A United States naval destroyer sailed on Tuesday within 22 kilometers of China’s man-made islands in the South China Sea.
Some observers are describing the incident as the biggest test yet to China’s self-declared territorial limits around the island reef.
The area in question is called Subi reef. The naval guided missile destroyer the USS Lassen was reportedly traveling with a U.S. Navy surveillance airplane. Reports say another plane, also used for gathering intelligence, may have been in the area. A U.S. military source said the mission was completed without incident.
China’s foreign ministry said the U.S. ship was watched, followed and warned after it “illegally” entered Chinese waters. A foreign ministry spokesman in Beijing described the American action as “a threat to China’s sovereignty.”
Close to 200 Chinese troops are believed to be stationed at Subi reef. The reef is also claimed by Taiwan, Vietnam and the Philippines.
Weeks ago, U.S. officials said its navy would send a ship inside the disputed area. Some observers are predicting the Navy will continue such patrols.
“I don’t think anybody will be surprised that it happened,” said Sheila Smith. Ms. Smith is a Japan specialist with the Council on Foreign Relations. “The United States Navy will maintain its presence in the South China Sea as it has for decades,” she added.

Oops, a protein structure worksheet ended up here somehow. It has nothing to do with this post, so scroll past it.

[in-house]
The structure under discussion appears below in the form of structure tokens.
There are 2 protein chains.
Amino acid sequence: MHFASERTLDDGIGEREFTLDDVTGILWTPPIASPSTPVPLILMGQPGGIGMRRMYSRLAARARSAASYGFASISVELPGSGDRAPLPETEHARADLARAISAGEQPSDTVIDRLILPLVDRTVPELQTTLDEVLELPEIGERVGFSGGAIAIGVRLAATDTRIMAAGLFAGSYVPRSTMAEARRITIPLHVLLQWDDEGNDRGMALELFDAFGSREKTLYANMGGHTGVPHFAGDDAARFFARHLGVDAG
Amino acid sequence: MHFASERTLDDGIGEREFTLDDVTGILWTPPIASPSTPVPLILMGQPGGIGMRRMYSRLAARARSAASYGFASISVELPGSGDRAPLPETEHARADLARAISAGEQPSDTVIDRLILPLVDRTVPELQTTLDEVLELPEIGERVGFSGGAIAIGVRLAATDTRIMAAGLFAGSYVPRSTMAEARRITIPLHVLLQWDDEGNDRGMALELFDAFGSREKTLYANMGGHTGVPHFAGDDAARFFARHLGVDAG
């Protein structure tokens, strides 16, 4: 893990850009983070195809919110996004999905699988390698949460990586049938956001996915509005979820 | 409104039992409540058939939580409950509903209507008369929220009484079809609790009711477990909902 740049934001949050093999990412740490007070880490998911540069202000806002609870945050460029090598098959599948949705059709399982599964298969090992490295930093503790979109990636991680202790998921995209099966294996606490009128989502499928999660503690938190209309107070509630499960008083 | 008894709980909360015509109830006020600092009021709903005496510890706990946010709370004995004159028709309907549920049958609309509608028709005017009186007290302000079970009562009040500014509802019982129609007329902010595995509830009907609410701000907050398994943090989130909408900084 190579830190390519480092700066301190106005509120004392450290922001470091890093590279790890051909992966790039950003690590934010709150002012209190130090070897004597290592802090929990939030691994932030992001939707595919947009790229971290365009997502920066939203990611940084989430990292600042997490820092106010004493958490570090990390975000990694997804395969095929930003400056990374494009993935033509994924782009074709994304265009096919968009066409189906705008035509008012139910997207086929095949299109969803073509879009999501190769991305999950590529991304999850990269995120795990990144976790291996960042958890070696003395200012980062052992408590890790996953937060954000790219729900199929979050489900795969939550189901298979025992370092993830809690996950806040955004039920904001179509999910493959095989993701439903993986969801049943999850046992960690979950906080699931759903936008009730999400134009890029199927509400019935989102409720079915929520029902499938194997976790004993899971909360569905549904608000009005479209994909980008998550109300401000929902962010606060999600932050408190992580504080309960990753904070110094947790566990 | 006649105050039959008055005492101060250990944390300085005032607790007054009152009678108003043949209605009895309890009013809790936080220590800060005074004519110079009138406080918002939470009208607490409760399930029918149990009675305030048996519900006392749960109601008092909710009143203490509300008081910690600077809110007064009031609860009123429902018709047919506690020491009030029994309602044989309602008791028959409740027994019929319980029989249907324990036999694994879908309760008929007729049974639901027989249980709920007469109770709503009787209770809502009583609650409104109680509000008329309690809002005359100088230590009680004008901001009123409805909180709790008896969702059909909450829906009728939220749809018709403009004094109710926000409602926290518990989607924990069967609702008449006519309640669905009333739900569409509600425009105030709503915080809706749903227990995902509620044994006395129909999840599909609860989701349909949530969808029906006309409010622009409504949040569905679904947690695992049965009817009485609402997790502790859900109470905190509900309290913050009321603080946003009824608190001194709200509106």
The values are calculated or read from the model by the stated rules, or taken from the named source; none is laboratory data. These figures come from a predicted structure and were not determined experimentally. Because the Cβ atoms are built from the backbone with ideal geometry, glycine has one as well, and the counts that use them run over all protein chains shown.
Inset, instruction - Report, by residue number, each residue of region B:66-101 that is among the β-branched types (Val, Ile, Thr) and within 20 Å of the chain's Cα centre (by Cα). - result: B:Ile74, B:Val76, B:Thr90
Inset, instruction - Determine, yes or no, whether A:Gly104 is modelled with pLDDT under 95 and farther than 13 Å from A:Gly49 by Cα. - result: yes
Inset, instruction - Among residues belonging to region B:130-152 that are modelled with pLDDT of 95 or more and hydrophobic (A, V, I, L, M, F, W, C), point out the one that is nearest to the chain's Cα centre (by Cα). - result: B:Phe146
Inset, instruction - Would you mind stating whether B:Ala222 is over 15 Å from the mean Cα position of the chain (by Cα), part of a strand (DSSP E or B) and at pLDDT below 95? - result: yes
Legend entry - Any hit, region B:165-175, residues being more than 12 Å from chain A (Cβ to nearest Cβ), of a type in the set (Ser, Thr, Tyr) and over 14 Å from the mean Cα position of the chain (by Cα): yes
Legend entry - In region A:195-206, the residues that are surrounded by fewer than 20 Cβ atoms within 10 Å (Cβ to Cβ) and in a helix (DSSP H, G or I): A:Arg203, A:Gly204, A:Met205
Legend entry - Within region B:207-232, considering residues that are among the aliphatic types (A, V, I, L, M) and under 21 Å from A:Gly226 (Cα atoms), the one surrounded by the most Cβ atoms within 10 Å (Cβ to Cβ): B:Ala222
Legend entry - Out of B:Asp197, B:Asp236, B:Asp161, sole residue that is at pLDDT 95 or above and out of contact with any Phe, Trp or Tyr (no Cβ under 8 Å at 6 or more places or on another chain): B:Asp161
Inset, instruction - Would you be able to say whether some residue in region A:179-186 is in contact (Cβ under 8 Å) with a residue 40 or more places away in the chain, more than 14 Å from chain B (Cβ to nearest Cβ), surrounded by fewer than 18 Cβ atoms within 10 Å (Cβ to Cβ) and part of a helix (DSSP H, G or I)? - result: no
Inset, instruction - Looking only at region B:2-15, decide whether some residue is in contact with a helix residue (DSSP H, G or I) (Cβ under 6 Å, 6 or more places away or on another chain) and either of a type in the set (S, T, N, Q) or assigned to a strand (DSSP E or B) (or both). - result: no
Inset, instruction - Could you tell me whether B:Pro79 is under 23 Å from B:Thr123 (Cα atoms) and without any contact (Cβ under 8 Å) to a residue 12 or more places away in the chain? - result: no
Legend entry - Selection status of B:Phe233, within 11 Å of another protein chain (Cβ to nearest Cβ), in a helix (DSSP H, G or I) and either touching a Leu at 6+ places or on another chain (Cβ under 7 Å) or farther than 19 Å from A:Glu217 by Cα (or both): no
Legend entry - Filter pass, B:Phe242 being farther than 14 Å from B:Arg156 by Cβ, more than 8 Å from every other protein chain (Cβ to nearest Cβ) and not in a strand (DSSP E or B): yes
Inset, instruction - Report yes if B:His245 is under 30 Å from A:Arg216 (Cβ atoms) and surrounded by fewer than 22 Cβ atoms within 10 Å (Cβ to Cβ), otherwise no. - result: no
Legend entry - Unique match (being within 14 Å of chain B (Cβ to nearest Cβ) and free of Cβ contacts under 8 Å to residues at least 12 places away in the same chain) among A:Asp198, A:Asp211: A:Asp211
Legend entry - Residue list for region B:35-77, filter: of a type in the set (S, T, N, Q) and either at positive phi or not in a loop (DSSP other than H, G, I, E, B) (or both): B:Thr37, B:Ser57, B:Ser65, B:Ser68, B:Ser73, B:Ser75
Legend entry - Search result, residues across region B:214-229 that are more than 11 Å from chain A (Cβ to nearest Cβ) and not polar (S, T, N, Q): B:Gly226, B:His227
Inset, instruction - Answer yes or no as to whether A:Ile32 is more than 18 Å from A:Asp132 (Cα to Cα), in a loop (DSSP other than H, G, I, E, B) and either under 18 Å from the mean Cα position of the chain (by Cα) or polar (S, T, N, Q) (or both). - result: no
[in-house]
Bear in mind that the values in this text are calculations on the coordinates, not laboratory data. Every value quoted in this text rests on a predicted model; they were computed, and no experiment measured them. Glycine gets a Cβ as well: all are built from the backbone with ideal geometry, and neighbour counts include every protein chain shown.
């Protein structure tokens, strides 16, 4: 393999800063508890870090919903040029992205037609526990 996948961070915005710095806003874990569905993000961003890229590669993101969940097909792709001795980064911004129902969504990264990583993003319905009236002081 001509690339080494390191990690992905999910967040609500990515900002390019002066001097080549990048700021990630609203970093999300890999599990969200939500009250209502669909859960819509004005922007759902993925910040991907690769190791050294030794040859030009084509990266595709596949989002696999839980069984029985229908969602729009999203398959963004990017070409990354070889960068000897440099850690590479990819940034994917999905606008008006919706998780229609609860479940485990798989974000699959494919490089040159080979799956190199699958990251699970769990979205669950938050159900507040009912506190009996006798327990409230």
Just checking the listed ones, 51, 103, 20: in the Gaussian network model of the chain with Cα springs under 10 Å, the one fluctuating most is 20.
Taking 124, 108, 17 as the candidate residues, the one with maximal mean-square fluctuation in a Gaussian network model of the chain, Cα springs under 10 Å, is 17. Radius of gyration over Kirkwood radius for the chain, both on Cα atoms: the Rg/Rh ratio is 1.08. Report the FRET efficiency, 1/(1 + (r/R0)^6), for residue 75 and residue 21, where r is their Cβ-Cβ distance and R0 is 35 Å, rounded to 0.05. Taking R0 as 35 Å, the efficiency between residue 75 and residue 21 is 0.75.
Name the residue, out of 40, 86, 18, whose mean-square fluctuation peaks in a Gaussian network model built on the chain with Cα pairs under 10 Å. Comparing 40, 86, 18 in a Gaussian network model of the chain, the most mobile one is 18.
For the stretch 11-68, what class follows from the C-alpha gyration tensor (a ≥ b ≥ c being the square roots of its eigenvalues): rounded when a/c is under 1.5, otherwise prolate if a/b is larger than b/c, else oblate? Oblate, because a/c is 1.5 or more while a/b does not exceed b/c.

China has been developing man-made islands in the disputed waters. Chinese crews are building up the low-lying reefs and creating islands. Their build-up is seen by other countries as evidence of aggression in the South China Sea.
Other countries in Asia are closely watching the situation. On Tuesday, Japanese officials expressed concern about China’s action in the disputed waters. Chief Cabinet Secretary Yoshihide Suga told reporters, “We’re closely coordinating our intelligence information with the United States.”
I’m Mario Ritter.
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VOA correspondent Steve Herman reported on this story. Jim Dresbach adapted this story for Learning English. George Grow was the editor.
Words in This Story
mission – n. specific military or naval project
reef – n. a long line of rocks or coral or a high area of sand near the surface of the water in the ocean
stationed – v. to send someone to a station or position
sovereignty – n. power; the right of a state to govern itself
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